Who is Sparta?
We've seen songs from bands that love soccer. We've seen songs from the anti-soccer perspective. We've even seen one artist who's written one of each. "Sparta F.C.", on the other hand, is a soccer song that may not be about soccer at all.
The fact that Mark E. Smith and his friends named their band, The Fall, after an Albert Camus novel, is a tip-off that their songs aren't going to be simple affairs. And the puzzling, obscure, irresistible "Sparta F.C." doesn't disappoint.
Smith and The Fall were inspired by a Sex Pistols concert in 1976, but not in the way you might think. As Smith said in his autobiography, Renegade, “I thought, my lot are not as bad as that. We’re better.” And while they never got as big as Johnny Rotten's outfit, The Fall were quickly making a name for themselves with a sound that has been described as "post-punk" but that mostly reflects Smith's unique voice.
Over the years, the band, or at least the name "The Fall," has survived countless lineup changes, onstage fights, divorce, drama, changing tastes and the occasional arrest. The one constant through the band's thirty-five years and twenty-eight studio albums has been Smith's bewildering, but often beautiful, lyrics.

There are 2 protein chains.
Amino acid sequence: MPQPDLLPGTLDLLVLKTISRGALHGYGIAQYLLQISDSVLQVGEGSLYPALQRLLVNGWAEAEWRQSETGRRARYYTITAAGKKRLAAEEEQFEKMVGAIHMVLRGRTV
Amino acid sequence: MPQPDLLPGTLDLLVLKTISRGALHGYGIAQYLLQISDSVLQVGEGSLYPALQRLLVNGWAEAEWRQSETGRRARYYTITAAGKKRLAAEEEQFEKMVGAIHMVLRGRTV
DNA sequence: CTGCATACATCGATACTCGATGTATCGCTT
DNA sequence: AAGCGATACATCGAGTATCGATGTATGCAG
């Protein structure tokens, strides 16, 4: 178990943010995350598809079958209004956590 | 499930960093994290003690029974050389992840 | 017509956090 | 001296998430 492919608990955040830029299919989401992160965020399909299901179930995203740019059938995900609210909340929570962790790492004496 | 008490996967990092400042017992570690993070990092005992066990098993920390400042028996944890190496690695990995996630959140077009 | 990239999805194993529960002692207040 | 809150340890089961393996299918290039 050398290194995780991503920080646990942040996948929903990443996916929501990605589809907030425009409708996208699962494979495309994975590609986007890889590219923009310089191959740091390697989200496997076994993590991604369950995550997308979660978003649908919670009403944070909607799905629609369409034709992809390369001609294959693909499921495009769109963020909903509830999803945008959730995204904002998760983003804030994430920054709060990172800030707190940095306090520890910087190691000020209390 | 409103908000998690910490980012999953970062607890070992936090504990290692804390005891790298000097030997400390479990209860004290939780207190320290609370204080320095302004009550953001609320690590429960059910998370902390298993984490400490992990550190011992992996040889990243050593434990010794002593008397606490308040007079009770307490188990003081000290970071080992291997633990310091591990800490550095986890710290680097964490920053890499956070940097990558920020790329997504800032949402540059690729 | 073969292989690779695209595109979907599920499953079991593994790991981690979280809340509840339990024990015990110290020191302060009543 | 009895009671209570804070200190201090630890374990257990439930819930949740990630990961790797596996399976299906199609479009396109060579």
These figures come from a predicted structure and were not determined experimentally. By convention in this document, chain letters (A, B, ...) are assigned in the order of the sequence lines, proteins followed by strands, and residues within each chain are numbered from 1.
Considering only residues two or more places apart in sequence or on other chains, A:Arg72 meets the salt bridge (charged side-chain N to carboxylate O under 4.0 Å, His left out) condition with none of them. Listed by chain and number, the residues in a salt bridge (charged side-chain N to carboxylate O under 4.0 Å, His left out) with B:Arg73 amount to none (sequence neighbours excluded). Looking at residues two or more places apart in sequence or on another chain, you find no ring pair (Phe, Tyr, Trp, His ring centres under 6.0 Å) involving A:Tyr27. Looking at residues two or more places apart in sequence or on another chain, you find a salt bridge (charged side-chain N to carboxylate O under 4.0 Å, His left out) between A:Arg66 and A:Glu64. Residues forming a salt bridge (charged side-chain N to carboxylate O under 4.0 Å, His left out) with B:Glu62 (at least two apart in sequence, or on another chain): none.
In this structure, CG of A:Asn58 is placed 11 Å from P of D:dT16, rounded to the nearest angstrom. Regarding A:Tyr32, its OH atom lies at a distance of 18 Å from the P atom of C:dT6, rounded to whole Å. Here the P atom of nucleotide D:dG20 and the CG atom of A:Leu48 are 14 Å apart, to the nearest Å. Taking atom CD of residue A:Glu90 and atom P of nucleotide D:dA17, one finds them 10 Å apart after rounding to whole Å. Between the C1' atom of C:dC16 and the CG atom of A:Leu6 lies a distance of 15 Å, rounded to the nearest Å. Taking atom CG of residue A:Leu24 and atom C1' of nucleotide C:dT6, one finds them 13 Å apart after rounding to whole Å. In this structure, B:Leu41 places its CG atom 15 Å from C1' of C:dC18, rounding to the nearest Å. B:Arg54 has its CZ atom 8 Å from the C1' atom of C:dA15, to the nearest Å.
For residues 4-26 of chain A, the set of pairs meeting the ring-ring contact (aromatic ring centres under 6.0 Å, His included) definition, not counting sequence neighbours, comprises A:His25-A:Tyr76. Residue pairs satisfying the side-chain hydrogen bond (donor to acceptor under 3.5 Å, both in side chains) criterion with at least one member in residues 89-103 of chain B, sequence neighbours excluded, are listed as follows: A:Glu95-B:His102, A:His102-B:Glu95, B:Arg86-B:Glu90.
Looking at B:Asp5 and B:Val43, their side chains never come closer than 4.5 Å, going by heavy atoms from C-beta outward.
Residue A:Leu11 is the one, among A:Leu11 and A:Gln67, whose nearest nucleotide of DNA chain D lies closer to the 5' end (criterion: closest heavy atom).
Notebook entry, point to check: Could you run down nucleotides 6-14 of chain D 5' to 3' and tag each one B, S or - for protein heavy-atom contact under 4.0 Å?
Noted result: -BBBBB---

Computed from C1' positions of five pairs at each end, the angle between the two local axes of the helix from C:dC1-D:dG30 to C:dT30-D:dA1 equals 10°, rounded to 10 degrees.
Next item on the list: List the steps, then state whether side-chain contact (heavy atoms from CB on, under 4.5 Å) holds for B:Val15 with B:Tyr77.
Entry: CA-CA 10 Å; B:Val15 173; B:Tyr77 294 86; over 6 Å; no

Another common thread in the band's history has been soccer. A Manchester City fan, born and raised in a working-class household in Greater Manchester, soccer has always been important to Smith and this has popped up more than once in his lyrics. 1983's "Kicker Conspiracy" rants against Jimmy Hill, mourns George Best, and gives a prophetic warning to English soccer fans just a few years before the Heysel disaster:
Fans! Remember, you are abroad!
Remember, the police are rough!
In 2010, Smith and one of his side projects, Shuttleworth, recorded a World Cup anthem called "England's Heartbeat," one of the strangest World Cup songs ever written. The lyrics blur the lines between cynicism and sentimentality:
When you're losing your dreams,
Hold on tight, and think of England.
2004's "Sparta F.C." is a different kind of song altogether. Instead of the contest on the field, "Sparta F.C." is about European hooliganism. The lyric is a challenge issued to English fans:
English Chelsea fan,
This is your last game
We're not Galatasaray,
We are Sparta F.C....
We live on blood,
We are Sparta F.C.
The lyric is over the top, on the edge of ridiculous; a comment on the mentality that leads to crowd violence and on violent societies. But the music behind it, a rhythmic, heart-pumping guitar riff, shows the spooky attractiveness of that violence.